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Iterative approach to journal club


To identify, evaluate and refine a journal club (JC) format that increases faculty and resident engagement. An initial needs assessment followed by a trial of three JC formats: traditional single presenter, debate style and facilitated small group discussion was piloted over 6 months. Anonymous feedback was collected. The facilitated small group format was chosen. Narrative and quantitative feedback were collected from residents and faculty at 6-month intervals for the next 24 months. Changes to the format were made using feedback. Fourteen residents (n=20, 70%) and 10 faculty (n=20, 50%) completed baseline surveys. We initially observed low resident (8/14, 57%) interest in JCs. Additionally, 9/14 (64%) of residents and 1/15 (7%) of faculty reported low confidence presenting articles publicly. After implementation of the new JC format, resident reported enjoyment, on a scale of 1–5, improved from 3.6 to 4.4 (p<0.01). We observed improvement in resident confidence in the ability to critique a paper (2.7 to 4.1, p<0.01) and in confidence speaking in front of both peers (3.8 to 4.6, p<0.01) and faculty (3.0 to 3.8, p=0.04). Faculty confidence with literature critique decreased (from 4.2 to 3.8), but enjoyment remained stable (4.3 to 4.2). A facilitated small group JC format was preferred in our programme. We observed measurable improvements in both resident interest and confidence, as well as sustained faculty interest in JCs. We fostered an environment of inquiry and identified areas of continued professional development.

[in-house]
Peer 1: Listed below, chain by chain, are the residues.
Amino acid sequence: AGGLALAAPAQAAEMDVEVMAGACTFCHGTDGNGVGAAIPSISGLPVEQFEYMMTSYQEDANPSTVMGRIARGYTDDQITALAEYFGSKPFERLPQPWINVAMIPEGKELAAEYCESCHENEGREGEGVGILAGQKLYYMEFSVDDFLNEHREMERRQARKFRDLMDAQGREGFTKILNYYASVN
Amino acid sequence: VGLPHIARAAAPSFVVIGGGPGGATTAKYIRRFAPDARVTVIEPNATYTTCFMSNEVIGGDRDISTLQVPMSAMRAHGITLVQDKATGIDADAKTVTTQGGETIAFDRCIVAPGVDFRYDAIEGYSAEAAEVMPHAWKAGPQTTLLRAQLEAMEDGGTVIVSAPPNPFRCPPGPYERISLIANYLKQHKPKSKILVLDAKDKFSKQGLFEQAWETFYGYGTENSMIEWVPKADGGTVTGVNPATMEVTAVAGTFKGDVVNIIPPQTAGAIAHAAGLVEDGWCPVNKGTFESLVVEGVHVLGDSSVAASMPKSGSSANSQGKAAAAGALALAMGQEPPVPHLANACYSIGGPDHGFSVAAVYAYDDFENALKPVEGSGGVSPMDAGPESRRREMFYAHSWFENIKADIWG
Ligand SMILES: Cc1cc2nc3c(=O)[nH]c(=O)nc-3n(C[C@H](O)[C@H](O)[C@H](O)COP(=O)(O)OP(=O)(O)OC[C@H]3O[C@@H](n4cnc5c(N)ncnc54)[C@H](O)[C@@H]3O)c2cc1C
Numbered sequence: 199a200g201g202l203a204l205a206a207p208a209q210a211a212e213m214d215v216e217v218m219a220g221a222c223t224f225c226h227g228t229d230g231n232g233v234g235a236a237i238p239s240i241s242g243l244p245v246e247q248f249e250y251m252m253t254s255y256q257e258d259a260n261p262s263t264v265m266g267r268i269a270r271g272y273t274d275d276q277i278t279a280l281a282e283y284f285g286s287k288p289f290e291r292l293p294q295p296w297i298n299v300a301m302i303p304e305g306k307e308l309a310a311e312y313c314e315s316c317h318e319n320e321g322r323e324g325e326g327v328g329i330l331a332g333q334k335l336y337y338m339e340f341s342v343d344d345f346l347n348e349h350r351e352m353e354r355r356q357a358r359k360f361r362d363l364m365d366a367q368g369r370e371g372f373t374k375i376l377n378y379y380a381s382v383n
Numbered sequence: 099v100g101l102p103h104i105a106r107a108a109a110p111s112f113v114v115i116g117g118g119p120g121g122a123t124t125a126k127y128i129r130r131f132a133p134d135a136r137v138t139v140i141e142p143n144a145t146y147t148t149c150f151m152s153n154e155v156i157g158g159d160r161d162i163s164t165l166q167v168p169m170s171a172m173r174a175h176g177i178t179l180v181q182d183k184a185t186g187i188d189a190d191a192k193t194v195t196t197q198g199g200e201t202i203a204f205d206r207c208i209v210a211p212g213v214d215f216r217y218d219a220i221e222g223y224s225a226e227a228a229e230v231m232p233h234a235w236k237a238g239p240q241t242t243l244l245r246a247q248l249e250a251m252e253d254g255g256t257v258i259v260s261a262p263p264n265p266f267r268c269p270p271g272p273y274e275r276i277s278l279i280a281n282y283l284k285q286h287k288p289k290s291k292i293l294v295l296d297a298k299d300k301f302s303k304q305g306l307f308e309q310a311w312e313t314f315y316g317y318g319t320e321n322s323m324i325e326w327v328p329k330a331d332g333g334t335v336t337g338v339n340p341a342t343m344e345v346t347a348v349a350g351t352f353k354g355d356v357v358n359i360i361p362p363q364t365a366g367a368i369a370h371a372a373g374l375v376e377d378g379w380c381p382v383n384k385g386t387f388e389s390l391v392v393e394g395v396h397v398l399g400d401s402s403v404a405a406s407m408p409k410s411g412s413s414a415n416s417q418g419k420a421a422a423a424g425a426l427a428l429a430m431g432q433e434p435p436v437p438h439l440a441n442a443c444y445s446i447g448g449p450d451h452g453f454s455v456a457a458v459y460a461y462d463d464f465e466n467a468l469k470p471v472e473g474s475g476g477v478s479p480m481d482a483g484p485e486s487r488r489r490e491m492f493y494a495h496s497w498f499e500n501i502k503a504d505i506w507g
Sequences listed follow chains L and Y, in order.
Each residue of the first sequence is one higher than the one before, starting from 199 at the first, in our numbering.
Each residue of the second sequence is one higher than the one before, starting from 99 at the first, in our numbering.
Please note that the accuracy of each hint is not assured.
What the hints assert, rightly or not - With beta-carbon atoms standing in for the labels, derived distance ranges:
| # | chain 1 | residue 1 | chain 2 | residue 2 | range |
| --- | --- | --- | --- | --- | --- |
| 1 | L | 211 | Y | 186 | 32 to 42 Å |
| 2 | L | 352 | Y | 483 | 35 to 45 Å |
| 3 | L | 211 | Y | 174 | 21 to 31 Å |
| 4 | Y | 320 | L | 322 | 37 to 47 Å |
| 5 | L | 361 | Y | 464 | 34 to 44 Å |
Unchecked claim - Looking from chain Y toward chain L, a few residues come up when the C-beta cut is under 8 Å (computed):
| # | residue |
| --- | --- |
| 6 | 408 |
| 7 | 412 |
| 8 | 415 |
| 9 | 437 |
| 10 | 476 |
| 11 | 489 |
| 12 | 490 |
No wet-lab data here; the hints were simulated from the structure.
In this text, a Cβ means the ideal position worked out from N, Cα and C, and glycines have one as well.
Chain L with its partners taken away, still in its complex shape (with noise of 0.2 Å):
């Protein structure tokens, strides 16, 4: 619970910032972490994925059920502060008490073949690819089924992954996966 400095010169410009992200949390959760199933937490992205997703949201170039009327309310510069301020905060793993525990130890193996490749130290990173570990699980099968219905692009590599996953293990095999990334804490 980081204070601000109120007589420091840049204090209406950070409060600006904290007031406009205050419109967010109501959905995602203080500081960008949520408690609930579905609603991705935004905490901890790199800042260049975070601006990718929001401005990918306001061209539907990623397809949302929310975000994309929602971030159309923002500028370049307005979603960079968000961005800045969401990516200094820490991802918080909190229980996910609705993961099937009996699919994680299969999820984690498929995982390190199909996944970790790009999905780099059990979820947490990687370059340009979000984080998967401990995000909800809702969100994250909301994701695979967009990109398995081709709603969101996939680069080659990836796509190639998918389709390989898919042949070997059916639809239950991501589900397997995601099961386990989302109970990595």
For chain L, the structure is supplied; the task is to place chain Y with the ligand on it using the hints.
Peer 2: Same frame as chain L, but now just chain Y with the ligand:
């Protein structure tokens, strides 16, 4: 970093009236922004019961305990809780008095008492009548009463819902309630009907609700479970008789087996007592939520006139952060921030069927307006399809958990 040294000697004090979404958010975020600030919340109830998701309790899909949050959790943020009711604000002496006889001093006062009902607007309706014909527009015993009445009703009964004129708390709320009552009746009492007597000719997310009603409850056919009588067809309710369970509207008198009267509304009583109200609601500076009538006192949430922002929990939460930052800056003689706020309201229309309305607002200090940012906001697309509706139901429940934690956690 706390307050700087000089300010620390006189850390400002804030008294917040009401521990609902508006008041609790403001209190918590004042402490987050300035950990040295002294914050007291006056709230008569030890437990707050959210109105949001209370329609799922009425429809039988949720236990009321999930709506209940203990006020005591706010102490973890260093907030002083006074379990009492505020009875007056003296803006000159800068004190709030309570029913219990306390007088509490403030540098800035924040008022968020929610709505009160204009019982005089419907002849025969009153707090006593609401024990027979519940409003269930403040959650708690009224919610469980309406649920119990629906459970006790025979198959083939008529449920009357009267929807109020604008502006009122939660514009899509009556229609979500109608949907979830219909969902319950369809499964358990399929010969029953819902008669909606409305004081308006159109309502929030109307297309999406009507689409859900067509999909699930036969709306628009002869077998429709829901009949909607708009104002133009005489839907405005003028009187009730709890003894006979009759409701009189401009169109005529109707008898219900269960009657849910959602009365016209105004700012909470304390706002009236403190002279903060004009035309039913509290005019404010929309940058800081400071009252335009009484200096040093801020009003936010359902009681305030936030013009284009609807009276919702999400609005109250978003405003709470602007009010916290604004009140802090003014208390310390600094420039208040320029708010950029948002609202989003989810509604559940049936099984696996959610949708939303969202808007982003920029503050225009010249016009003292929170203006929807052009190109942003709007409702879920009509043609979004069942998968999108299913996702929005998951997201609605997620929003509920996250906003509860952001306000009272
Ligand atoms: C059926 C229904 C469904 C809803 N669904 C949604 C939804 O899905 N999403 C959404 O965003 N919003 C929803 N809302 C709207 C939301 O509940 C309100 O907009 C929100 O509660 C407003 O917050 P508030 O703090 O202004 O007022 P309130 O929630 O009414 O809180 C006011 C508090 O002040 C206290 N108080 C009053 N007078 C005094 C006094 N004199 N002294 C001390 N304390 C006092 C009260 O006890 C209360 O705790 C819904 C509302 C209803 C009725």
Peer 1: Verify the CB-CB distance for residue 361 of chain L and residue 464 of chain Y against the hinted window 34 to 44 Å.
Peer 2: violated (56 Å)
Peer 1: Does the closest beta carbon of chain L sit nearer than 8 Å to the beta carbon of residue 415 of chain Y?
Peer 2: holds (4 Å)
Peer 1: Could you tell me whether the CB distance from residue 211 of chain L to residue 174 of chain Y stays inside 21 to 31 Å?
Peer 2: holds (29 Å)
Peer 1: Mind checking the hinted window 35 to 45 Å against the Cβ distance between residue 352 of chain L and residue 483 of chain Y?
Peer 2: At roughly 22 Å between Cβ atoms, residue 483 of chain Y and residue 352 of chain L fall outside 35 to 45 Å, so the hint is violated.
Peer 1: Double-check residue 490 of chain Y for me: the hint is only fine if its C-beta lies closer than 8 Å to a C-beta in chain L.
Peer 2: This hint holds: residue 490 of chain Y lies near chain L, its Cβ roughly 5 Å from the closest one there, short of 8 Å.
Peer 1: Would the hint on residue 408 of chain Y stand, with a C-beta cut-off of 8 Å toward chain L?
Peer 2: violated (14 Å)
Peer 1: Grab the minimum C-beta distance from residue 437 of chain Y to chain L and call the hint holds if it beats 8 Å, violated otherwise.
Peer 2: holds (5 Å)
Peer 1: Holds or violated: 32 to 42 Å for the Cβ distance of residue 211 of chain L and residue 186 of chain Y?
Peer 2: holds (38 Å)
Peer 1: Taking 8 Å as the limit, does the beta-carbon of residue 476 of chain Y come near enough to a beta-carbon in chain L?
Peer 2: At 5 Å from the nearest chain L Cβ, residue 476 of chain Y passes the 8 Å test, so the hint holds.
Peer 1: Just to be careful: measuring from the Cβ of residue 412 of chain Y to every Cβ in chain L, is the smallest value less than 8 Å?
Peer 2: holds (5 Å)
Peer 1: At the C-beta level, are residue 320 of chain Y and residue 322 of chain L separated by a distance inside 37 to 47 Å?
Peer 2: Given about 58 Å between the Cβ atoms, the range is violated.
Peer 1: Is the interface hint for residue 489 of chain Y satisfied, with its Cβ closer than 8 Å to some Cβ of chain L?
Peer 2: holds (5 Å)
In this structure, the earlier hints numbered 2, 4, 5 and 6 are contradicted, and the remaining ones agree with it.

• medical education & training
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